US actor Tom Arnold is suing the Channel Ten network for hundreds of thousands of dollars following his appearance on the latest I'm A Celebrity… Get Me Out Of Here! series.

According to The Hollywood Reporter, the comic has alleged that Ten, which went into voluntary administration this week, tricked him into appearing on the show this year in exchange for a comedy tour of the country that never went ahead.

Arnold is suing Ten and comedy management company, A-List Entertainment, for fraudulent and negligent misrepresentation and breach of oral contract.

"It was agreed orally and confirmed in writing that the guaranteed compensation to be paid for the two engagements — as a package — would be $425,000," Arnold's attorney, Marty Singer, wrote in the filed complaint.

"Plaintiffs agreed to the deal and blocked off Arnold's schedule in prime summer months when he typically receives his best engagements and highest compensation."

Many fans questioned Arnold's attitude during his time in the jungle and the 58-year-old has further alleged that the edits made on the show did not highlight his comedic talent.

"Network Ten ensured Arnold that its depiction of Arnold on the Program would not endanger the Australian comedy tour," Singer added.

The complaint alleges that not only has Ten failed to pay the remaining $US140,000 owed, but that they pulled out of plans to go ahead with Arnold's Australian comedy tour.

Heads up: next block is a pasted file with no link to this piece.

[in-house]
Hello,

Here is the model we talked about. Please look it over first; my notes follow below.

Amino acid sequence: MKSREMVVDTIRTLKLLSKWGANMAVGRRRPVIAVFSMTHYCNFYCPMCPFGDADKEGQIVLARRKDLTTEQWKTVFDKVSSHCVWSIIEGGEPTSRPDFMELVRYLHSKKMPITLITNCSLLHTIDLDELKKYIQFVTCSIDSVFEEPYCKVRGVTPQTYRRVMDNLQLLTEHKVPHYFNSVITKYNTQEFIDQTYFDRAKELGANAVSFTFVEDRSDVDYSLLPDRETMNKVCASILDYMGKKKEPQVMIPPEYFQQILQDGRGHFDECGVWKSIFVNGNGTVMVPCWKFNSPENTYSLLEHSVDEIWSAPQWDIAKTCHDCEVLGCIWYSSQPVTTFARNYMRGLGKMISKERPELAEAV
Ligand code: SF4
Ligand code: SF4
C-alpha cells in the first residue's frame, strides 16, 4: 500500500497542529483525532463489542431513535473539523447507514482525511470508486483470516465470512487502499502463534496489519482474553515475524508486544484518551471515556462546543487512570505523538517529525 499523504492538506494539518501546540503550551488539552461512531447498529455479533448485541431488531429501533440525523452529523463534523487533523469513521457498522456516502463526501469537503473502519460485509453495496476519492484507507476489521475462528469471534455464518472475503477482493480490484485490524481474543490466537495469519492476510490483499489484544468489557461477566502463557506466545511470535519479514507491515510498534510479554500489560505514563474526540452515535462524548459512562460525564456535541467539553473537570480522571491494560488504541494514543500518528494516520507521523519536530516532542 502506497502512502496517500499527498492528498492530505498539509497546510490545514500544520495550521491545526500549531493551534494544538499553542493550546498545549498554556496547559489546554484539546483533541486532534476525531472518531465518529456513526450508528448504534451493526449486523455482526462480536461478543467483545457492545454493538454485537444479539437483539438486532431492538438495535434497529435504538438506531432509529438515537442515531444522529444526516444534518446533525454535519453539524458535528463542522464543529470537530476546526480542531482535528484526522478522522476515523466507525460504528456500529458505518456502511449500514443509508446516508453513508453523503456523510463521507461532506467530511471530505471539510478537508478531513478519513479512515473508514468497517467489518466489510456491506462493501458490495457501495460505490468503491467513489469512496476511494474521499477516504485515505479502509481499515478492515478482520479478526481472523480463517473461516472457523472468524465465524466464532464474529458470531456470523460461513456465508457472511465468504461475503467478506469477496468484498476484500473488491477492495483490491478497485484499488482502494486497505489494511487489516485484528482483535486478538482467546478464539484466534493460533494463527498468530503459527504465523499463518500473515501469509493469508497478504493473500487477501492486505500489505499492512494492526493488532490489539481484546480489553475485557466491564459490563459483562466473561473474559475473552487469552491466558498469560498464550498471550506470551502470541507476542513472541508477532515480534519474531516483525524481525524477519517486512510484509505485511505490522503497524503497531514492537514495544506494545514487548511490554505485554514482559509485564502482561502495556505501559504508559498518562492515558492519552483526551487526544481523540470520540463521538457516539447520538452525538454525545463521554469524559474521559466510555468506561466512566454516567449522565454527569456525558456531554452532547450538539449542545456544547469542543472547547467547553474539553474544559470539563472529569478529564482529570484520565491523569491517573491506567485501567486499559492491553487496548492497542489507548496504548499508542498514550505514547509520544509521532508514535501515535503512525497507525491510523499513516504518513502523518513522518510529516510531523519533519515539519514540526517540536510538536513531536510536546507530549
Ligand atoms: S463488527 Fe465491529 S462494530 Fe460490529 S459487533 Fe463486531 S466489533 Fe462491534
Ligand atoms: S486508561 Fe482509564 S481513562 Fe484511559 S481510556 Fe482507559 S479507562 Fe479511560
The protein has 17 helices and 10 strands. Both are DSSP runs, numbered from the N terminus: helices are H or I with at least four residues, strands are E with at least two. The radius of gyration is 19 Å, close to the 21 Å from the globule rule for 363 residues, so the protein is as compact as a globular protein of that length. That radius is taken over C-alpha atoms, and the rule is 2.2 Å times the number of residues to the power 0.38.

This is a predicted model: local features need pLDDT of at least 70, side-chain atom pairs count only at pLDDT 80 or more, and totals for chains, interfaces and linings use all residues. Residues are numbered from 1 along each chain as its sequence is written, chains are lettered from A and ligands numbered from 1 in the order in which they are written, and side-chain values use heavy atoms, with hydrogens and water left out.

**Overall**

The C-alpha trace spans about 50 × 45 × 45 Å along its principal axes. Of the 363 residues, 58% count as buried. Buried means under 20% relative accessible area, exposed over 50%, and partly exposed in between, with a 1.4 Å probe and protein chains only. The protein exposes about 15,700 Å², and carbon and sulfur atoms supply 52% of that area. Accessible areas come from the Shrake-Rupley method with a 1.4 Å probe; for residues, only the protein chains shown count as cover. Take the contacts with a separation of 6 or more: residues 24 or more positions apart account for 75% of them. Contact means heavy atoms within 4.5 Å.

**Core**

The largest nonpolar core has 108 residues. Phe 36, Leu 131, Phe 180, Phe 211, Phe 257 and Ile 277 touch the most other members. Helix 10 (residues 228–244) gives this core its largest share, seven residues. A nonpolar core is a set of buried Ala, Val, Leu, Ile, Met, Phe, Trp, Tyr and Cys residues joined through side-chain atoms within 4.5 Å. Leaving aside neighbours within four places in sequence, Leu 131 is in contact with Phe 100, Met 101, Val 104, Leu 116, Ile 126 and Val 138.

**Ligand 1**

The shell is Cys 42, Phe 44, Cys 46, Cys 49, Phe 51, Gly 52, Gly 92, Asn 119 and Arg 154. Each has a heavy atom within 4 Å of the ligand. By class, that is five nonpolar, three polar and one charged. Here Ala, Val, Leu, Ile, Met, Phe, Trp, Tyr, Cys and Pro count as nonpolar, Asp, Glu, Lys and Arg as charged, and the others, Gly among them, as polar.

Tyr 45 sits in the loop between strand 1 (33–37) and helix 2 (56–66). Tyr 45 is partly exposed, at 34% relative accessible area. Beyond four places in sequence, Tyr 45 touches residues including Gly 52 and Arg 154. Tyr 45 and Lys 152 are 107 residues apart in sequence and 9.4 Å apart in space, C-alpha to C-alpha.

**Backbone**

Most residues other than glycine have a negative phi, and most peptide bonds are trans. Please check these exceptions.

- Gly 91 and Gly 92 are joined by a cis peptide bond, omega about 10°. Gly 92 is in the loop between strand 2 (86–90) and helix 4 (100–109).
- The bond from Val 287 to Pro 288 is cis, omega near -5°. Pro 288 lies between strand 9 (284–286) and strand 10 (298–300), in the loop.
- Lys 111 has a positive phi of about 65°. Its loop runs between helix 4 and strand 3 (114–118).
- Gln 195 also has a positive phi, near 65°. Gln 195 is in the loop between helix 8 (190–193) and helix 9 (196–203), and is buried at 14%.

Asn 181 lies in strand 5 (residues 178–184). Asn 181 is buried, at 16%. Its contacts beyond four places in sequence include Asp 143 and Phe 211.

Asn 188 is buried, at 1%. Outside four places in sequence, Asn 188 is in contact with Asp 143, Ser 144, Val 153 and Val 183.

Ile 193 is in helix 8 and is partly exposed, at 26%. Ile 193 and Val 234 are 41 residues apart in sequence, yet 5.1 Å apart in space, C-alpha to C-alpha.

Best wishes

Network Ten have since issued a statement, insisting that all money owing to Arnold has been paid.

"We have fully discharged all our obligations to Tom Arnold," a Ten spokesperson said.

"And we have received no notice of any legal proceedings."

Aussie comedian and former I'm A Celeb contestant, Joel Creasey took aim at Arnold on Twitter today, prompting the actor to respond.

The Music has contacted A-List Entertainment for comment.

The news comes after Ten's morning host, Sarah Harris, called on the government to change media laws in the wake of the network's uncertain future. 

Speaking on Studio 10 (via Fairfax), Harris said, "Today we call on Bill Shorten, Pauline Hanson and the Greens to reconsider their positions and support local jobs.

"Politicians have been warned of the dire consequences if media laws aren't changed and yesterday those predictions were proven correct. It's now more important than ever that you make these changes before it's too late.

"And for all of our viewers who've been in contact, thanks for your lovely messages. But don't worry, we're not going anywhere."

Arnold acknowledged Ten's plight and its staff members earlier today on Twitter.